This means more retweets and shares and reblogs, but it also means deferring to others more eloquently and regularly offline. Humans digest stories more readily than statistics. Co-opting narratives does little to help anyone. We must help each other be heard, rather than yearning to be the loudest.

Two videos that explore today’s bloom:

Blooming Society Sunday

Every Sunday I share a bloom – a small idea of how to improve our world.
Tend the garden of humanity with me by blogging with your own idea on any Sunday.
If you do, feel free to pingback here so we can keep the conversation going.

white flowers
This Week’s Bloom:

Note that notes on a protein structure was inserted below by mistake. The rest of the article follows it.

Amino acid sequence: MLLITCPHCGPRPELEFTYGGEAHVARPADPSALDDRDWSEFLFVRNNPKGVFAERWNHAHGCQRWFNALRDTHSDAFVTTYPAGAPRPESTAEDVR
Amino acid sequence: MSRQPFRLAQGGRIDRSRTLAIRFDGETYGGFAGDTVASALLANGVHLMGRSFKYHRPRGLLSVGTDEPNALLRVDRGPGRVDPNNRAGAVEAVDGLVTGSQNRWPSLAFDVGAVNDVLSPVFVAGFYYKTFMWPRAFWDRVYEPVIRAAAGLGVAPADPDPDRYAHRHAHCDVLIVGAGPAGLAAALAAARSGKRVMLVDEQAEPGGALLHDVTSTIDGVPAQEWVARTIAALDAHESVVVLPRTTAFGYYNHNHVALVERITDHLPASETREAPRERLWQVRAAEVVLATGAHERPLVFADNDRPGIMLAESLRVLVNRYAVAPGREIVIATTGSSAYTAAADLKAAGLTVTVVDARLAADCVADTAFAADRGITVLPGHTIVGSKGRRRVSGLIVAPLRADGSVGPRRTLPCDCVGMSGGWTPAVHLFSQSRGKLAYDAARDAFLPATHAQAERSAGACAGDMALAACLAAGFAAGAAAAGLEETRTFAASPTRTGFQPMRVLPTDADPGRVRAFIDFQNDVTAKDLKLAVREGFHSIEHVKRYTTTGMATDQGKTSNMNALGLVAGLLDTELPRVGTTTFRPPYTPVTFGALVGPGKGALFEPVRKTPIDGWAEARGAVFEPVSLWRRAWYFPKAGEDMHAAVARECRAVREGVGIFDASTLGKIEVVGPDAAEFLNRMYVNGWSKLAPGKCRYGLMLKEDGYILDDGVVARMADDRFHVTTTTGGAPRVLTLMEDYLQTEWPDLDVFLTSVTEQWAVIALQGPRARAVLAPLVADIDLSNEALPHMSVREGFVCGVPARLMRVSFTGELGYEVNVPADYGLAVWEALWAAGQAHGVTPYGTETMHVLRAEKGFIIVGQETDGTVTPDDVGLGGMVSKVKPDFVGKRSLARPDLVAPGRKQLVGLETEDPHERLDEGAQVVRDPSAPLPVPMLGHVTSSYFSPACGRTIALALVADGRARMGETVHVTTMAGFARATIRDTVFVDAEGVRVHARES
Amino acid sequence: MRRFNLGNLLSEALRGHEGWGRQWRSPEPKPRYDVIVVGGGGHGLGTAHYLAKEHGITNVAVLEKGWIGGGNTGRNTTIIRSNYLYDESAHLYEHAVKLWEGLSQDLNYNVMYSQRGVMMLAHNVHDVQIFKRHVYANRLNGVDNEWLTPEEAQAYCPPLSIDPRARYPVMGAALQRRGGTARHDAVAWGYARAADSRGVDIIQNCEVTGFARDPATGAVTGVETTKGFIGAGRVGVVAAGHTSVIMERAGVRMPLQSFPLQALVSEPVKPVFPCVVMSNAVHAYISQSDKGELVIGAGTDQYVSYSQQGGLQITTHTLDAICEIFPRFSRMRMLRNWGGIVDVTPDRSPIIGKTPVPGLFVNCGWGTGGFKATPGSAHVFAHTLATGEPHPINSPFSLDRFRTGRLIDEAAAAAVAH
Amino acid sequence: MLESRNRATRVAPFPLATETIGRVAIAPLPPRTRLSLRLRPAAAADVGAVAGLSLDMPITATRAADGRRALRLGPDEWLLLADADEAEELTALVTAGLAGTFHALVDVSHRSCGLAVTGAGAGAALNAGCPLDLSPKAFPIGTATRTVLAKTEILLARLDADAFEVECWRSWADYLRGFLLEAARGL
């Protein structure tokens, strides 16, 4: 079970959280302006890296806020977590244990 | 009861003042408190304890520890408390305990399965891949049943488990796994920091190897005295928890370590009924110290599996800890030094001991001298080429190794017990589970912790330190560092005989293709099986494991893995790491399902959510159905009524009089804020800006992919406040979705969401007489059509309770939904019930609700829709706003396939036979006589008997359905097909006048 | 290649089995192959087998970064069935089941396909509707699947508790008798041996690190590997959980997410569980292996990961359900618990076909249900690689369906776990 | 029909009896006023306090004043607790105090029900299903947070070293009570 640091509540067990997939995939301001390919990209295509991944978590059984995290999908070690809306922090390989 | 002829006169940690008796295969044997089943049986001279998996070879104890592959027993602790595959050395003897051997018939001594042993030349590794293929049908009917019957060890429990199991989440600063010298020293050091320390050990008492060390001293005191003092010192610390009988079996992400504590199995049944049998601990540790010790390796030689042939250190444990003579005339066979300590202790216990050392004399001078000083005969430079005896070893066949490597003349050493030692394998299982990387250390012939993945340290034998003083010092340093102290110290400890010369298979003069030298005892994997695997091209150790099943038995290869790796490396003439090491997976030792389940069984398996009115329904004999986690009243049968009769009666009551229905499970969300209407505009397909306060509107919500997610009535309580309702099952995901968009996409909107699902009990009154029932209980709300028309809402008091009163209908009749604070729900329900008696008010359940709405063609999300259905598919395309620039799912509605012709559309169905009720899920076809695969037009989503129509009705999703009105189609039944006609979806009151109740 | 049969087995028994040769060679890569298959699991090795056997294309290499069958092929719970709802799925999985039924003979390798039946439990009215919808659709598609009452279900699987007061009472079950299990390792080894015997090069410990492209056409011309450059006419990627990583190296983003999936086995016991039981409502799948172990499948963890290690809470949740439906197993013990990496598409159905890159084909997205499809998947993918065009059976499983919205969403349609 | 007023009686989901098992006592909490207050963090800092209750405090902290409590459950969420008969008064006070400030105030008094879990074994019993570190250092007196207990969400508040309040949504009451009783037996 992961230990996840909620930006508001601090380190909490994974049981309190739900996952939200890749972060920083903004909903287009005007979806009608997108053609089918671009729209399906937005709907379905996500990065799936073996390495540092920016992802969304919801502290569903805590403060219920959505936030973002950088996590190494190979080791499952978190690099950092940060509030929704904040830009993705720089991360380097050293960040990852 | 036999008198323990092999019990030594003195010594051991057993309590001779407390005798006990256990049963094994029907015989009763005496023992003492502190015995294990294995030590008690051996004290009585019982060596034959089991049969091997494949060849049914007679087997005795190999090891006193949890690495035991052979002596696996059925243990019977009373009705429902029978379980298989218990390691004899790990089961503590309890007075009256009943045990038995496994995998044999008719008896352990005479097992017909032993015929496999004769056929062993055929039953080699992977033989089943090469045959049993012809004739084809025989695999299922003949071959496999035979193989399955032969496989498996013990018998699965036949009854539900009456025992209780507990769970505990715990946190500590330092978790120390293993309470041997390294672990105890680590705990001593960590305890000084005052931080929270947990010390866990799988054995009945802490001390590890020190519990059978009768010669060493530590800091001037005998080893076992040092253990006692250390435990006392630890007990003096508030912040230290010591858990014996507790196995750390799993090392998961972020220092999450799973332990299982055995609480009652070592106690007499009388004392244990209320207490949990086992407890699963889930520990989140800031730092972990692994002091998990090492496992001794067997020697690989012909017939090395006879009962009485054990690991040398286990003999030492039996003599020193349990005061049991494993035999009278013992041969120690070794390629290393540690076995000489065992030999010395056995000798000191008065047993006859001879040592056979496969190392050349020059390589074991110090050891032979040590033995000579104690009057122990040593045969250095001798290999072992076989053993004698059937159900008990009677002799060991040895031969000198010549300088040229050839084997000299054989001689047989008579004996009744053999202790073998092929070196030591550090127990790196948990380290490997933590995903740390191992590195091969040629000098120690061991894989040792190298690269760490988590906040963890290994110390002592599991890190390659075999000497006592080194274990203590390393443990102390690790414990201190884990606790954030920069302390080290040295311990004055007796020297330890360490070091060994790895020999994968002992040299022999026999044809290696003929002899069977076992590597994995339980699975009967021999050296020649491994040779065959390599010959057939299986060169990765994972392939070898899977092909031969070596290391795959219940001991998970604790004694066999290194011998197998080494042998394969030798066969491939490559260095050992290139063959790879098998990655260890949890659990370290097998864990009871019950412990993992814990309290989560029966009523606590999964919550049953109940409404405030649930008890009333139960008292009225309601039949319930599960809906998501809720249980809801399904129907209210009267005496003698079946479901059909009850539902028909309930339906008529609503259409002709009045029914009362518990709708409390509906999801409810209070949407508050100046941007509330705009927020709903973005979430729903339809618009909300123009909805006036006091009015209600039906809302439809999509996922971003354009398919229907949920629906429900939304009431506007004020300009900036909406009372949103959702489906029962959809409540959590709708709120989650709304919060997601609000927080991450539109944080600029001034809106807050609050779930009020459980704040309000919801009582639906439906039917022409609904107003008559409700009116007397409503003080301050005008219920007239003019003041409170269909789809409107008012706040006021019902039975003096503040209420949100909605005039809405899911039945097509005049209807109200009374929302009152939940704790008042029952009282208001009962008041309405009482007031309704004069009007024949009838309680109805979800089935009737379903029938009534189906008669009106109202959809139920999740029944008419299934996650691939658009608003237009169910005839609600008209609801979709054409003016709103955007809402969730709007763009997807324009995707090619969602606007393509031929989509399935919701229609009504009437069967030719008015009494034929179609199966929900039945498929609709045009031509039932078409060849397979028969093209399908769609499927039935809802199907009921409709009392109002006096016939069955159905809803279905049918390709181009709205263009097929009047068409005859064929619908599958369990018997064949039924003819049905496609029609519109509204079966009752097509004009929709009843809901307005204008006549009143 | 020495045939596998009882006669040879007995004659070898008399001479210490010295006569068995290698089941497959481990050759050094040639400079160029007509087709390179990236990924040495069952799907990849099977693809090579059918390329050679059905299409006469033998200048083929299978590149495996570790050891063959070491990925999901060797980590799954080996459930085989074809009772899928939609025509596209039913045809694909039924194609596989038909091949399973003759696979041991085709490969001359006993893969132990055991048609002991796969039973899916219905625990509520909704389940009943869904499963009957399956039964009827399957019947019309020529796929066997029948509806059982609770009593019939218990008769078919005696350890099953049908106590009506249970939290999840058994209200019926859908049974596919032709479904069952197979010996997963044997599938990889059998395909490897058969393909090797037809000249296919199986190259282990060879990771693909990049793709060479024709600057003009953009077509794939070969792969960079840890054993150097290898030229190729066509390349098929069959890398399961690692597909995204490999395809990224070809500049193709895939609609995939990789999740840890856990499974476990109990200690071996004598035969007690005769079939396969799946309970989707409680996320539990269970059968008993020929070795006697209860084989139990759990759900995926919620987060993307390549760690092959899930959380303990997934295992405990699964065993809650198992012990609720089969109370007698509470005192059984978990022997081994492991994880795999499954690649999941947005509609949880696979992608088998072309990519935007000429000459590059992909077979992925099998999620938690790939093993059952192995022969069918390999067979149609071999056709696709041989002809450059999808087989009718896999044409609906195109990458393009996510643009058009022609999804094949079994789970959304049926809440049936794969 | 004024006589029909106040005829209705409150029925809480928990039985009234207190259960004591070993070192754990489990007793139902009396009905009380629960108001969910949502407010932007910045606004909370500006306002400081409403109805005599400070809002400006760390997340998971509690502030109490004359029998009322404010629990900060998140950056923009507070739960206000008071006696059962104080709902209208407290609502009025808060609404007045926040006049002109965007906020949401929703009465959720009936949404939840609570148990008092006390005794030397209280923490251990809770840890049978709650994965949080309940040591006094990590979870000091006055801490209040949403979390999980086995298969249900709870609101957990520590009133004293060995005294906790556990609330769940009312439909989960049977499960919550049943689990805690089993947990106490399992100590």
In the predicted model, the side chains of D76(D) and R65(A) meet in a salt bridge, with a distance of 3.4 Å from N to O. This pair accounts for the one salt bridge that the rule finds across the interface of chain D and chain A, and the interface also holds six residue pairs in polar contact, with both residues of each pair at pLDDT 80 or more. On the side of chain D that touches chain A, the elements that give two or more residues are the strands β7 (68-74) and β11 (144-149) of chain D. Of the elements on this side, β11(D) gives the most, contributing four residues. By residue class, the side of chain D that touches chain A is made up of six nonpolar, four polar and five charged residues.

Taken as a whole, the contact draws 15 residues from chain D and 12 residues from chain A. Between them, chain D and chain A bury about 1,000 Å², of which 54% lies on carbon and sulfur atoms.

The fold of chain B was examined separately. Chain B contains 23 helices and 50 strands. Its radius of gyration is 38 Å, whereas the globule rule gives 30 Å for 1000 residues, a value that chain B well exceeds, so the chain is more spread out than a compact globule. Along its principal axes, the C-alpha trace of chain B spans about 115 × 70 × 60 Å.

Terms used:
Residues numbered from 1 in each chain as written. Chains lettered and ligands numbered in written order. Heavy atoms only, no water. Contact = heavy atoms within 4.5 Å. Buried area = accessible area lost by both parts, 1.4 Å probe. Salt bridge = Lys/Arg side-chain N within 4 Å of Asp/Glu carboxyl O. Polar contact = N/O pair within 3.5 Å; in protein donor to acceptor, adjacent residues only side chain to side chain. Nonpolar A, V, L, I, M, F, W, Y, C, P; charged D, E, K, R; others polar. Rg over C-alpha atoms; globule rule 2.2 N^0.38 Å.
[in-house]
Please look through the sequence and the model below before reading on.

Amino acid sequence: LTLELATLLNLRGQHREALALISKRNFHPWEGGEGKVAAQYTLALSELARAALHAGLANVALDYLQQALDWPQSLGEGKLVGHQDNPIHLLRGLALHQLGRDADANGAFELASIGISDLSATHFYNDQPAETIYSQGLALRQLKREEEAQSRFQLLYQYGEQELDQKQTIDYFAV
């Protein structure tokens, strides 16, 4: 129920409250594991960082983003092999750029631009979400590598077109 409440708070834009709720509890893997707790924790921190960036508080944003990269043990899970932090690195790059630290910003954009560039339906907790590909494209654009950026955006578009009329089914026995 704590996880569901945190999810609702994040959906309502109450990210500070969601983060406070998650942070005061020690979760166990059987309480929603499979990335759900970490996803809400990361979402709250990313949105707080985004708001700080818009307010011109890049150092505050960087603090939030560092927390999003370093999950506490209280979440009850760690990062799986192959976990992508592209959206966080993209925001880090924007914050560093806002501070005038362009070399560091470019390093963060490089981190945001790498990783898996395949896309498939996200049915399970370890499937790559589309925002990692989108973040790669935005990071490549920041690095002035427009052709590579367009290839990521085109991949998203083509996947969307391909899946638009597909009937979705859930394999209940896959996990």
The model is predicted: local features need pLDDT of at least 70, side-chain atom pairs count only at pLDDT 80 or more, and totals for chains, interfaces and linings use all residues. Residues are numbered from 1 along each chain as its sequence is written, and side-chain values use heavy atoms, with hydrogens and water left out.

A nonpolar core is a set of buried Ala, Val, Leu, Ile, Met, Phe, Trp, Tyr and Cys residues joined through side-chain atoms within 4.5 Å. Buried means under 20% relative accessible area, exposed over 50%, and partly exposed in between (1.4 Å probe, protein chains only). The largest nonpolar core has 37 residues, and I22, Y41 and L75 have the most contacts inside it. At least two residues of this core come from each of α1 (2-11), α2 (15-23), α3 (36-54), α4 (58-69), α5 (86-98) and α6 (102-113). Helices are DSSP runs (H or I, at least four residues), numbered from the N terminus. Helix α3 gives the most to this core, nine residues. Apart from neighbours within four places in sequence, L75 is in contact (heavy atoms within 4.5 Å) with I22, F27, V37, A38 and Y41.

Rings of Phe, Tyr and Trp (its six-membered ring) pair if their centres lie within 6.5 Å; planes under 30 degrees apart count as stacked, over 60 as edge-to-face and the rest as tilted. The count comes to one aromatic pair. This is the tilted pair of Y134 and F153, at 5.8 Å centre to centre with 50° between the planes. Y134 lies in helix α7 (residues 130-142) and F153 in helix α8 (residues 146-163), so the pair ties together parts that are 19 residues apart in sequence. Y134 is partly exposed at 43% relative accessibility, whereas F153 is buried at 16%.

Treat Children like People

This is simple. Children are people, after all. Yet this is an ideal that I have seen violated my entire life. As long as the phrase ‘seen and not heard’ is used to describe children, we have a problem. Youths have a different chemical and hormonal makeup, their experience level is low, but that does not make them unimportant or unoriginal. Their personalities and behavior are as varied as adults. So, how do we stop belittling the little ones?

Talk to Them
This is not the same thing as talking at them. Children are given instructions and commands more often than they are engaged in conversation. A lot of adults ignore children to the extent that aliens would be surprised to learn that children are capable of thoughtful speech. Don’t be one of those adults. Their interests and worries may be different than yours, but that is true of most people. If you can uncover something they care about, they’ll make you care about it too. Share in their enthusiasm and wonderment, they are far more interested in life than most adults.

Answer their Questions